A few weeks ago I went on a little tour to see some sights near Tangalle, the town where I'm living. This was courtesy of Teacher Indu and her family, a kind "thank you" for the computer-training lessons I've been giving her.
The highlight of the trip was undoubtedly the visit to Mulkirigala Rock Monastery. It comprises caves on three levels, carved into a 200 metre-high lump of rock. Actually, they're not so much caves as low, shuttered-off recesses, each containing reclining Buddhas, statutes, wall paintings and other works of art. I liked the fact that it wasn't clinically pristine or all protected behind glass, and on a fairly human scale. Some of the Buddhas were, in fact, quite small. I couldn't quite understand why there would be a police station half-way up the rock but there it was! It was also nice that the route to the top was tree-lined and peaceful.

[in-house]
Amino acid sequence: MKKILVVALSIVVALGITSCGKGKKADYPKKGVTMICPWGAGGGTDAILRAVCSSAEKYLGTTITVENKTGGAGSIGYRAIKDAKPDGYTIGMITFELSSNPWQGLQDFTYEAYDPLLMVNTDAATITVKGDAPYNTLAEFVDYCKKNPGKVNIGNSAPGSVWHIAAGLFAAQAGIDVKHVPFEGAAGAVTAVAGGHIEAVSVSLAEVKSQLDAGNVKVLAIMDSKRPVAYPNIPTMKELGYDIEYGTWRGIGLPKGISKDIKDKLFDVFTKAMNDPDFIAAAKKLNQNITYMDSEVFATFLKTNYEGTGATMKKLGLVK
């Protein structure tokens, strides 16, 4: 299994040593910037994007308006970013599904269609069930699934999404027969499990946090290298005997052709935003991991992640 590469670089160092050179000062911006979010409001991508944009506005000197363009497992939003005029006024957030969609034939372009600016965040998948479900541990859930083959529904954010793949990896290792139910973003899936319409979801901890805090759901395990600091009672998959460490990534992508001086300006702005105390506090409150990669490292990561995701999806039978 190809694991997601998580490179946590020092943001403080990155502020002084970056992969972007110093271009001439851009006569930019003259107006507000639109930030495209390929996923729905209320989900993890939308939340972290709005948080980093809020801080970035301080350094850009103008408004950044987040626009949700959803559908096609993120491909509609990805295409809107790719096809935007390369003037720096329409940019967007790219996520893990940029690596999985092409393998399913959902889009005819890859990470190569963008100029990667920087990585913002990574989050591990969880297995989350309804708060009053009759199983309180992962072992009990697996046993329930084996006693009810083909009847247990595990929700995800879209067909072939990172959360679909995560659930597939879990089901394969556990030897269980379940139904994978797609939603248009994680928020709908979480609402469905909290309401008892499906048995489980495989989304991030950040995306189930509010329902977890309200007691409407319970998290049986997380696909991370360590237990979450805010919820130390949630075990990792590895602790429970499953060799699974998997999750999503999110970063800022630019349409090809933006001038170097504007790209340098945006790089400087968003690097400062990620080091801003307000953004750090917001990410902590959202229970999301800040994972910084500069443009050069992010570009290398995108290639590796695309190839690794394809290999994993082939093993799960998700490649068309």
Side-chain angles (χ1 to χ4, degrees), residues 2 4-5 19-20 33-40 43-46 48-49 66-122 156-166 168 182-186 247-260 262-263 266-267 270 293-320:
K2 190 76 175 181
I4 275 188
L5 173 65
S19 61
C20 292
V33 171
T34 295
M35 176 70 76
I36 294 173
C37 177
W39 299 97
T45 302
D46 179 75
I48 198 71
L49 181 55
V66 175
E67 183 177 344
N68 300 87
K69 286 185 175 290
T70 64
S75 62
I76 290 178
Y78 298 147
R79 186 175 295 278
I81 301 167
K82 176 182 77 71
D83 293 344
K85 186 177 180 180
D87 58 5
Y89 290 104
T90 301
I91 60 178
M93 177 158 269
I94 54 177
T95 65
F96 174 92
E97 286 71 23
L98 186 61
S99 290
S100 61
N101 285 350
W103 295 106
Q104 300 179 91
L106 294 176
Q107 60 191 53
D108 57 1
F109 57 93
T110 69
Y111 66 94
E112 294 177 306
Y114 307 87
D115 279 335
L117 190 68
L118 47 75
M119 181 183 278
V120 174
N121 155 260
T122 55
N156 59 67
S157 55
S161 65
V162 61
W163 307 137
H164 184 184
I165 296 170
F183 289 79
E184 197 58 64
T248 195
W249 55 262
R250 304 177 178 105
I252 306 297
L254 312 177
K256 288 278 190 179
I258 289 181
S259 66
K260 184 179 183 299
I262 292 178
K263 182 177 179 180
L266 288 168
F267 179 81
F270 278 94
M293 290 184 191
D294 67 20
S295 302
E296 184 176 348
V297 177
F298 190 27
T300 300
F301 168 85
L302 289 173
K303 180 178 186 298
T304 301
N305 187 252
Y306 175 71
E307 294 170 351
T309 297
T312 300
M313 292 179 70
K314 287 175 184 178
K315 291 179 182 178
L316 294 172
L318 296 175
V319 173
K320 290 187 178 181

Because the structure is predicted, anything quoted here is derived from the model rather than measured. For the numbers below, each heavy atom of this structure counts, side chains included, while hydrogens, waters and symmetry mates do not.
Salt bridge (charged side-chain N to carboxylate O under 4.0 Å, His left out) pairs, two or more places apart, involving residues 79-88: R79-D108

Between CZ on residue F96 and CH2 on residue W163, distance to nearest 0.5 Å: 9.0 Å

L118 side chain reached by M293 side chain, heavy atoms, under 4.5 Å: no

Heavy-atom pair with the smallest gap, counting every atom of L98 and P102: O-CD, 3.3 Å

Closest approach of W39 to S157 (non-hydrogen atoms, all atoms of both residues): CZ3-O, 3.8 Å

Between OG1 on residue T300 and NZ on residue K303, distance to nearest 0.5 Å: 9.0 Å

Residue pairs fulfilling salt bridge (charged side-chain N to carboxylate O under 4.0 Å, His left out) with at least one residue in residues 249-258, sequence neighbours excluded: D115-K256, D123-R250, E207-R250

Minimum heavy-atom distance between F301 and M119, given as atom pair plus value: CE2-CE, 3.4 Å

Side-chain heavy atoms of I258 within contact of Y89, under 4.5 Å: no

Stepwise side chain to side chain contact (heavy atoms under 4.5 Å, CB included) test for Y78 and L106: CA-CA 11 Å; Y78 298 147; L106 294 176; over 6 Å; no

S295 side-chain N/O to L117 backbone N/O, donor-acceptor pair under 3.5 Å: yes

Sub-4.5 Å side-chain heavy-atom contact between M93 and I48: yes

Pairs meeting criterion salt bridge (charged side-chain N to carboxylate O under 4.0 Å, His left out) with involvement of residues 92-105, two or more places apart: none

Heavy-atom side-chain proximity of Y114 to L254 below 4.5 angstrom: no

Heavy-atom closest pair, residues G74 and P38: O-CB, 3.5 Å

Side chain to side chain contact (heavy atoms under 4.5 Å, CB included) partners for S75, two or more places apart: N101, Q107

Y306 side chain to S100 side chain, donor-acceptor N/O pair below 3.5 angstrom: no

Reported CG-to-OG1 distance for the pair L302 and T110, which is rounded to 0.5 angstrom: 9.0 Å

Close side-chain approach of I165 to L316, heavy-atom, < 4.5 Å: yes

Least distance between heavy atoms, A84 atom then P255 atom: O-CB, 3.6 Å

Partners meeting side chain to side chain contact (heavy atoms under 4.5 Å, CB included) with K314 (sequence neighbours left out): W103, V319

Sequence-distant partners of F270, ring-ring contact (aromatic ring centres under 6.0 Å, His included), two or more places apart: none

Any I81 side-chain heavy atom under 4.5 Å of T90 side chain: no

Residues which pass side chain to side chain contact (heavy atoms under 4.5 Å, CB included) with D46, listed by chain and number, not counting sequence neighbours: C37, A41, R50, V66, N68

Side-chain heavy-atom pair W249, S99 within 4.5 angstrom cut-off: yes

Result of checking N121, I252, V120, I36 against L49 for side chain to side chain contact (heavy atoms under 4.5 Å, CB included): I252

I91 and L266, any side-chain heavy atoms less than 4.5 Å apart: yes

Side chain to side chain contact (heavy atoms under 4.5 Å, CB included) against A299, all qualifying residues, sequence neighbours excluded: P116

Near Dickwella we visited what is claimed to be the tallest seated Buddha on the island. It's 50 metres high and backed by a concrete building with stairs to the top. It's a bit of a monstrosity, to be honest, and devoid of architectural or historical merit but still, it's worth a visit for its sheer size and curiosity value. In the basement are scenes and paintings depicting life in Hell, with bodies shown being mutilated, sawn in half or impaled on stakes by fiendish, grinning devils. A surprising number of wrong-doers were white-skinned!
And finally, we stopped at the Blow Hole near Kudawella. The sea was calm so it wasn't blowing too much, but apparently you can get plumes of sea water up to 25 metres high on a rough day!